The seizure recurrence rate was high, especially shortly after seizure
ACP J Club. 1991 Mar-April;114:54. doi:10.7326/ACPJC-1991-114-2-054
Hart YM, Sander JW, Johnson AL, Shorvon SD. National General Practice Study of Epilepsy: recurrence after a first seizure. Lancet. 1990;336:1271-4. (See also Sander JW, Hart YM, Johnson AL, Shorvon SD. National General Practice Study of Epilepsy: newly diagnosed epileptic seizures in a general population. Lancet. 1990;336:1267-71.) [PubMed ID: 1978114]
To investigate the risk for recurrence of seizures after a first epileptic attack.
Only patients having definite epileptic seizures were included. Of the 564 included, 71% were 16 years of age or older, and 51% were men or boys. The cohort was assembled at the time of the first seizure and followed to seizure recurrence, death, or last available follow-up date known to be seizure free. 460 patients (82%) were followed for 2 to 4 years; 12% died and 7% were lost to follow-up.
Assessment of prognostic factors
Cause of initial seizure, type of seizure, number of seizures, age, and treatment.
Main outcome measure
A recurrence occurred within 12 months of the first seizure for 67% of patients (95% CI 63% to 71%), and within 36 months for 78% (CI 74% to 81%). The greatest risk for recurrence occurred in the early months after the first seizure. Factors affecting the risk for recurrence were cause — the highest risk being for seizures associated with a neurologic deficit presumed present at birth (100% by 12 mo); age — the highest risk being for patients < 16 years old (83% by 36 mo, CI 77% to 89%) or older than the age of 59 years (83% by 36 mo, CI 76% to 90%); and type of first seizure — the highest risk being for patients with simple partial or complex partial seizures (94% by 36 mo, CI 90% to 99%). Only 15% of patients were treated after the first seizure. Recurrence rates were lower in treated patients than in untreated patients: 50% recurrence by 12 months (CI 40% to 61%) compared with 70% (CI 66% to 74%), and 57% recurrence by 36 months (CI 46% to 68%) compared with 81% (CI 77% to 85%), respectively.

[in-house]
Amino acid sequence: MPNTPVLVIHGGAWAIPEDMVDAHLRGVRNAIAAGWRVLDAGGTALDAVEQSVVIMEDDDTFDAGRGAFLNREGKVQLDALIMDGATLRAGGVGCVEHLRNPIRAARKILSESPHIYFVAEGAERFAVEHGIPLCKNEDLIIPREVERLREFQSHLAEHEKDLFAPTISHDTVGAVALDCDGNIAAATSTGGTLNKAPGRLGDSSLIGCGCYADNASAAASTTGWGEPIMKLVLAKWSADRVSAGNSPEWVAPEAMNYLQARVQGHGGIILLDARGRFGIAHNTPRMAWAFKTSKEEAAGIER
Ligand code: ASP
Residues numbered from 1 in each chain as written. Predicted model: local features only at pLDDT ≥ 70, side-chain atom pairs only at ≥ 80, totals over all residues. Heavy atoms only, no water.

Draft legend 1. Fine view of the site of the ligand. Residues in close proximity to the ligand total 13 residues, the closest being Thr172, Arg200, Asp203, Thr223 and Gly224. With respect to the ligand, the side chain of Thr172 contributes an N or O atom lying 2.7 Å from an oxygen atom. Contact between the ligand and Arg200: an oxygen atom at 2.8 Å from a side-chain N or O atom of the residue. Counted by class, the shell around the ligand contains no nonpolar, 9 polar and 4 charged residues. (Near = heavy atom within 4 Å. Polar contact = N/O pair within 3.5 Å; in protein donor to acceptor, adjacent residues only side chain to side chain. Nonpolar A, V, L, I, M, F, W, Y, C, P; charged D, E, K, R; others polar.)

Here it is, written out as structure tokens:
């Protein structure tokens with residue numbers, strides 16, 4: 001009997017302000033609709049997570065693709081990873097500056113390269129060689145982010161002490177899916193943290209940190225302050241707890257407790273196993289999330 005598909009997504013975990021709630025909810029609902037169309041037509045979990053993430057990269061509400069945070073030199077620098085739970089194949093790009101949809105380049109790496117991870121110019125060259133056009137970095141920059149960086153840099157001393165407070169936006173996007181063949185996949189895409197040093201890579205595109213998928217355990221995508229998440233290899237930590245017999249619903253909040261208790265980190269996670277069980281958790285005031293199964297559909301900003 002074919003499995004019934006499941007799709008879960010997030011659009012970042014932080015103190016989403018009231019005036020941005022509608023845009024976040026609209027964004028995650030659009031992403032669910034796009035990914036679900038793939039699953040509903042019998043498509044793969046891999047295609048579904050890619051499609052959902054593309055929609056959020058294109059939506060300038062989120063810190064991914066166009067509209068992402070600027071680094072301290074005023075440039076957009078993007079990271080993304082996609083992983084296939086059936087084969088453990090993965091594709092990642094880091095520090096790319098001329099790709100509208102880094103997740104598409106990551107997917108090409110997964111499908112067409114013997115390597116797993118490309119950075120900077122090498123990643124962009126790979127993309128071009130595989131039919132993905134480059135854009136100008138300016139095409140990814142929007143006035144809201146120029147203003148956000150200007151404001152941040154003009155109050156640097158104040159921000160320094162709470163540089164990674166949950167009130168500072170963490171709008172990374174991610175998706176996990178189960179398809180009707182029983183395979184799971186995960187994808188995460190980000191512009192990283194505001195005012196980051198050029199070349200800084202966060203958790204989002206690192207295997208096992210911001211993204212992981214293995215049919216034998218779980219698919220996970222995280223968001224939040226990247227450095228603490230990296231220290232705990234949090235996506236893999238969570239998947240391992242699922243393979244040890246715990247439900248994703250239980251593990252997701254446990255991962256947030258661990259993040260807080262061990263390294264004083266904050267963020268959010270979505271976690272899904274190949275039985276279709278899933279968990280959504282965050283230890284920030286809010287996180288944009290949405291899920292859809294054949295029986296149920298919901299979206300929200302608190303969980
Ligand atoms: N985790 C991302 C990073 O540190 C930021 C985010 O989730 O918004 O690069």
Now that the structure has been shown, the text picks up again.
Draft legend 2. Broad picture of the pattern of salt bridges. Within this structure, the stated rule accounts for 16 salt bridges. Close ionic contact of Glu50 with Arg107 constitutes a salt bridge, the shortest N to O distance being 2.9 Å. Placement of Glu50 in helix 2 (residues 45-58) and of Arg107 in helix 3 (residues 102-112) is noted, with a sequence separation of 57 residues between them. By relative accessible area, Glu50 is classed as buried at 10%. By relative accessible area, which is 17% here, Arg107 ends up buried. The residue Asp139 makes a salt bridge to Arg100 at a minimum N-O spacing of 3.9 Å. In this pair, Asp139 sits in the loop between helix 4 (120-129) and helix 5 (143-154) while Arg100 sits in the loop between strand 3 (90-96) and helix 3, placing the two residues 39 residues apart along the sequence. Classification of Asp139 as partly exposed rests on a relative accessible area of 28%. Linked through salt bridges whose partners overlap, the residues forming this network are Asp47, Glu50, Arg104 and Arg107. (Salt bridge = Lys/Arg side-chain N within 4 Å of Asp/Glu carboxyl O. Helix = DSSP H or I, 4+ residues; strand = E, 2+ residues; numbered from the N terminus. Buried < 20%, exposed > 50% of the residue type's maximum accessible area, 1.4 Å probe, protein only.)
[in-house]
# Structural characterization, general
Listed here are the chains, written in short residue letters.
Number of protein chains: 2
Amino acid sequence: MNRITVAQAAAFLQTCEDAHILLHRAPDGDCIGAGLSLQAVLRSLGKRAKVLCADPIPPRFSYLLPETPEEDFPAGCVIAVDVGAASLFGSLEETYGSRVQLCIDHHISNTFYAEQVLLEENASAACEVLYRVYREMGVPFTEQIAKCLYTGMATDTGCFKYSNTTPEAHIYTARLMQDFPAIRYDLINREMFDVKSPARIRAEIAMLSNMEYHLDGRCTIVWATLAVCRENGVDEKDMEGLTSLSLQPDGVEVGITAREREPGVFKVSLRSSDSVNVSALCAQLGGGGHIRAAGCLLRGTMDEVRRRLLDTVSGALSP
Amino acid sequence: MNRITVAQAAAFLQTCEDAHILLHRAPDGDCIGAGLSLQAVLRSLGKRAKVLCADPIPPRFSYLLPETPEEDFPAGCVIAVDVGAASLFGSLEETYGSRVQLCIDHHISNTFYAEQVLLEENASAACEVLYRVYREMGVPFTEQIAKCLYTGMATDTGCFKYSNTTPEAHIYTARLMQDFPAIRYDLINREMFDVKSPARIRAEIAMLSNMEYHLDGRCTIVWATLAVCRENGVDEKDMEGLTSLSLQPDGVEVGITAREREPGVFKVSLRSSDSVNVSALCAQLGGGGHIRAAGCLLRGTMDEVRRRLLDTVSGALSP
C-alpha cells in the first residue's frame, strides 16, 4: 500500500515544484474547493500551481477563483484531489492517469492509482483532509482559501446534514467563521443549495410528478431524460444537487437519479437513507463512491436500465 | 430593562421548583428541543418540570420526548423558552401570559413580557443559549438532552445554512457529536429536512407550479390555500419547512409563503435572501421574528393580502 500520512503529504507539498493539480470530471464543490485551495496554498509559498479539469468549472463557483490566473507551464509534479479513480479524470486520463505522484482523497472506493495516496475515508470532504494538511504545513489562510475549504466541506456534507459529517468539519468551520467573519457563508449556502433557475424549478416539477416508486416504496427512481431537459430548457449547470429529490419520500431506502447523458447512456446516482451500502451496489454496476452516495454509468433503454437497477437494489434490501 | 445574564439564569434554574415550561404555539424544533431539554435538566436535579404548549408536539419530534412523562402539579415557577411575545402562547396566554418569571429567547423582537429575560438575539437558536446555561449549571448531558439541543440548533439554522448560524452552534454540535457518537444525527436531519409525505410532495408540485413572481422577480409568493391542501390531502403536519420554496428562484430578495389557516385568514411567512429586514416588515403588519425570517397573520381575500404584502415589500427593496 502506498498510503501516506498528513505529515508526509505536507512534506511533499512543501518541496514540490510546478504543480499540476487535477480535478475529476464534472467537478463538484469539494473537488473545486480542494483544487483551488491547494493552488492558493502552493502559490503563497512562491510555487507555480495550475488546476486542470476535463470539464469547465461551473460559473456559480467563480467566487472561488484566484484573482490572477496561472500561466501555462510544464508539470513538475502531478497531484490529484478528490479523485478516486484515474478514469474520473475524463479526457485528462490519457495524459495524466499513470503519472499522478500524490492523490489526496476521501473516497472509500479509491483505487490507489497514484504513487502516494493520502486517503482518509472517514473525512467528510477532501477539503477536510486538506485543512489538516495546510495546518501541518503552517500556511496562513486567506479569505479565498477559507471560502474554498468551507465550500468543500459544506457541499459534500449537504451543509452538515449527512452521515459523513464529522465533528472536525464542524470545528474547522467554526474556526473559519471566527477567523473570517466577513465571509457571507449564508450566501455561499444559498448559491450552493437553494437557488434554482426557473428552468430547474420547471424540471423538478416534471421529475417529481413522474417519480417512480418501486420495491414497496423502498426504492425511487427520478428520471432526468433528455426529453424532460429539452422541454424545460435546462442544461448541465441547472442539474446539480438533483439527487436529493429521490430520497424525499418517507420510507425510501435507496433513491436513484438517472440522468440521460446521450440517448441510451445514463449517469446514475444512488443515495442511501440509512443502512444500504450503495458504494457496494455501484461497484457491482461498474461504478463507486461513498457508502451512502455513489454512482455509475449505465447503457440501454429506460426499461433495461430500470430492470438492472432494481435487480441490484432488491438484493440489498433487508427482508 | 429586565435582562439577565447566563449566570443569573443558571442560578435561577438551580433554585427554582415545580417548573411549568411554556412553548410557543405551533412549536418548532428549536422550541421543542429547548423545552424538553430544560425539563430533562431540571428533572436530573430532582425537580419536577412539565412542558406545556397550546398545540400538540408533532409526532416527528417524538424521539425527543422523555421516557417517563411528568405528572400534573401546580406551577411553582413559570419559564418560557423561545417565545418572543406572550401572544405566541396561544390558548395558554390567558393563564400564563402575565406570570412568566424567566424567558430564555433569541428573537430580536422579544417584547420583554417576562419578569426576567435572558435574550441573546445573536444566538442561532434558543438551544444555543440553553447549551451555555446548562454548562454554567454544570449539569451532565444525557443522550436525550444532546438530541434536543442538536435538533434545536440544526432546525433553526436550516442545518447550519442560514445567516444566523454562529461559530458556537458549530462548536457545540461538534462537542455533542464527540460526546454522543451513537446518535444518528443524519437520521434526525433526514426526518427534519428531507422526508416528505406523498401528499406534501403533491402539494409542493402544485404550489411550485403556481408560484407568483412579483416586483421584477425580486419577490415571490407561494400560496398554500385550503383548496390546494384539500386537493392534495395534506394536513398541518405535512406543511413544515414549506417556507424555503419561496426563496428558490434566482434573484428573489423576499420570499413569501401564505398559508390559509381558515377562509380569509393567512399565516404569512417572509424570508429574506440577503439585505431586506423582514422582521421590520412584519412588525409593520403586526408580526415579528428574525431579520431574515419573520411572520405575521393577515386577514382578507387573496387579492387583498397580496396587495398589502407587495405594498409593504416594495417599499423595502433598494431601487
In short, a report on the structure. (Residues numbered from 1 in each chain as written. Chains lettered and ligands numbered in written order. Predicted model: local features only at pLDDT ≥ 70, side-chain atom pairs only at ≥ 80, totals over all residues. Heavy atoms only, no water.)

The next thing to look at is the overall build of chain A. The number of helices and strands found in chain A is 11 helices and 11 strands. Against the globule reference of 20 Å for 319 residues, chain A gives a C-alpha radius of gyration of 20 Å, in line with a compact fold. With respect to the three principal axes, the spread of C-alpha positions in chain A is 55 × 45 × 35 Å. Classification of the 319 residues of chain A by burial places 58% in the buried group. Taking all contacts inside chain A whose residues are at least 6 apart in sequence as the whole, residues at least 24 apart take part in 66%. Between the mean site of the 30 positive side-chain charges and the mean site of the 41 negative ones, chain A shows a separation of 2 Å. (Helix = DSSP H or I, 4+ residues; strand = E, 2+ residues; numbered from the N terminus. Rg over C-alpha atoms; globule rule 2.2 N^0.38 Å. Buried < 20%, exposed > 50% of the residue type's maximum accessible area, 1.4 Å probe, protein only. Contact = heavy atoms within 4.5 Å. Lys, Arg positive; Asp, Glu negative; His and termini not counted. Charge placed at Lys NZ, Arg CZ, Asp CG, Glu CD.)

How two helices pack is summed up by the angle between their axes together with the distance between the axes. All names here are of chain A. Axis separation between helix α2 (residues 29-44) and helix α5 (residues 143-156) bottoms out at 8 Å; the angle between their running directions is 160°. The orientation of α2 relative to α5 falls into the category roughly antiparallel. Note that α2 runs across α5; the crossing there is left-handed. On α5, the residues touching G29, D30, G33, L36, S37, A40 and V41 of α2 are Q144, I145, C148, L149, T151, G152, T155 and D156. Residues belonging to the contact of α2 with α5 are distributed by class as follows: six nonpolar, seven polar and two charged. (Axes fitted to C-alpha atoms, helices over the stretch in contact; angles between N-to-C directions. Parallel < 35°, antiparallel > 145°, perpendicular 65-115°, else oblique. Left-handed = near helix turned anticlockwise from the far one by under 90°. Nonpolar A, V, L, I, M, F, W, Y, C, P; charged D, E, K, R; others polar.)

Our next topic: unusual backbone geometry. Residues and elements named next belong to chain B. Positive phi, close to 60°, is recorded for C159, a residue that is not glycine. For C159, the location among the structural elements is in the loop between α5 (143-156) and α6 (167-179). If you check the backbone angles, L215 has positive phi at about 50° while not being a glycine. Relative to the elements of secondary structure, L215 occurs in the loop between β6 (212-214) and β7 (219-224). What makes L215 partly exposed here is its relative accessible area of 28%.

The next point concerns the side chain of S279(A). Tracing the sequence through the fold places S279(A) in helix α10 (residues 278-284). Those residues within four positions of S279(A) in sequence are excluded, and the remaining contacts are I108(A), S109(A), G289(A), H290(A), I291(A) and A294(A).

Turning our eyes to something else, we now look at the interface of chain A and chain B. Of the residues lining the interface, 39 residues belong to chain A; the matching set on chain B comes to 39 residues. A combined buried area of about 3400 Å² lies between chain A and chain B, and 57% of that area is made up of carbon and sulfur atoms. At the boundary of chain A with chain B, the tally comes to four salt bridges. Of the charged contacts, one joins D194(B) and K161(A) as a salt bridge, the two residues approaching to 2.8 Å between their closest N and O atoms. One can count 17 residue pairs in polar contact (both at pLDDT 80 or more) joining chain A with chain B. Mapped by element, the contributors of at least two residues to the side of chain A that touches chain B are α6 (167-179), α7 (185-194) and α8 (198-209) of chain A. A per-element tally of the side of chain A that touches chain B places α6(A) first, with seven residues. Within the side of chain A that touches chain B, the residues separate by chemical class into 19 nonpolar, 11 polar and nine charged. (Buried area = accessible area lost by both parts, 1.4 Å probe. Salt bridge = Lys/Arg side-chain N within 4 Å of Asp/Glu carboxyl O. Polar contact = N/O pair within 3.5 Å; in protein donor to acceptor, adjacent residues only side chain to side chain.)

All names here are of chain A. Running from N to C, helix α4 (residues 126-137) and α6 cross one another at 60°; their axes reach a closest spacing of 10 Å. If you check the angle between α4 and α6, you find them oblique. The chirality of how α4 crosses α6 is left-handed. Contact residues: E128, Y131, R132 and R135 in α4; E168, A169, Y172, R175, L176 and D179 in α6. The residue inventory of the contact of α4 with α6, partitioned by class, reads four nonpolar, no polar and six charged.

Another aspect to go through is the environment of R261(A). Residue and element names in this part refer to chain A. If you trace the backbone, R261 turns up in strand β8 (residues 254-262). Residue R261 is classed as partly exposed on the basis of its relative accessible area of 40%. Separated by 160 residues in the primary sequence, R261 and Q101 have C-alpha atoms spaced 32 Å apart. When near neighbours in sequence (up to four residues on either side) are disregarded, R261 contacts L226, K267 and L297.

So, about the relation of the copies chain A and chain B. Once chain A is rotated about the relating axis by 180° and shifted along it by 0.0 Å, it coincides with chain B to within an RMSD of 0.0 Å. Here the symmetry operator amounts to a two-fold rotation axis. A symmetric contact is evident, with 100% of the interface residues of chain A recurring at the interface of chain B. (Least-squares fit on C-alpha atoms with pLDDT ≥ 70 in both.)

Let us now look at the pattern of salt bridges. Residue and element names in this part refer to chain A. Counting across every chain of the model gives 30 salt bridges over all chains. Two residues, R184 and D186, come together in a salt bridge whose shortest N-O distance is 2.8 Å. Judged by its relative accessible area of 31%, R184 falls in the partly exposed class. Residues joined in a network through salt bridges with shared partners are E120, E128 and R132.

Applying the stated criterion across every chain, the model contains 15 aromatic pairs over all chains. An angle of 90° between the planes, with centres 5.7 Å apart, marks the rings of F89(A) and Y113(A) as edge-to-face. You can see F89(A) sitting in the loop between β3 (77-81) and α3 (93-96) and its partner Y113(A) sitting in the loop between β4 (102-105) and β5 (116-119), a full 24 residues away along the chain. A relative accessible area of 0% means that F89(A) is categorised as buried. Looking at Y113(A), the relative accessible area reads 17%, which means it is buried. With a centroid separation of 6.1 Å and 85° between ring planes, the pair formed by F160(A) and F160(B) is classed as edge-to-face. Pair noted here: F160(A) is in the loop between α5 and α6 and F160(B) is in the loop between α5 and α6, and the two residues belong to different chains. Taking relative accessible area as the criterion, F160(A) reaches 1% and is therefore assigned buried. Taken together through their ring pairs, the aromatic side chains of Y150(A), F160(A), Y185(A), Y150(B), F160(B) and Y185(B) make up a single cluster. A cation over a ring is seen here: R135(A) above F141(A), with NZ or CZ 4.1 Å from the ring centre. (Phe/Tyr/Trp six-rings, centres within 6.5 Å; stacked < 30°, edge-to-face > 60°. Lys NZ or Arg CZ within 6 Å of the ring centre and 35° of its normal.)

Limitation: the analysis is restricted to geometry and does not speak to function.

The recurrence rate for seizure was high (78% at 36 months), with the greatest risk for recurrence in the early months after the first seizure. Factors affecting the risk for recurrence were cause, age, type of seizure, and treatment.
Sources of funding: Brain Research Trust; the National Fund for Crippling Diseases; the British Epilepsy Research Foundation; the National Society for Epilepsy.
Address for article reprint: Dr. Y.M. Hart, Atkinson Marley's Hospital, Department of Neurology, Copse Hill, Wimbledon, London SW19 ONE UK.
The clinical approach to patients with a single seizure remains uncertain mainly because of conflicting data on the risk for recurrence. The study by Hart and colleagues is an important contribution because of its superior study design. Because it was population based, the problem of selection bias was avoided. Also, patients were identified at an early, uniform point in their disease. Clinicians should be cautious, however, in drawing conclusions on the effect of cause on seizure recurrence because the extent of diagnostic investigation was not the same for all patients. A minor problem with the estimate of risk in this study was that 15% of patients were treated with an anticonvulsant, which would change the prognosis for the treated patients. The effect, however, would tend to lower the risk for recurrence falsely. Therefore, the true risk for recurrence may actually be even higher than this study suggests. Because the risk for recurrence is high, clinicians should consider treating patients after a first seizure, especially patients with neurologic deficits that are presumed to be present at birth, those younger than 16 years or older than 59 years, and those with simple partial or complex partial seizures.
Barbara Scherokman, MD
U.S. Naval HospitalPortsmouth, Virginia, USA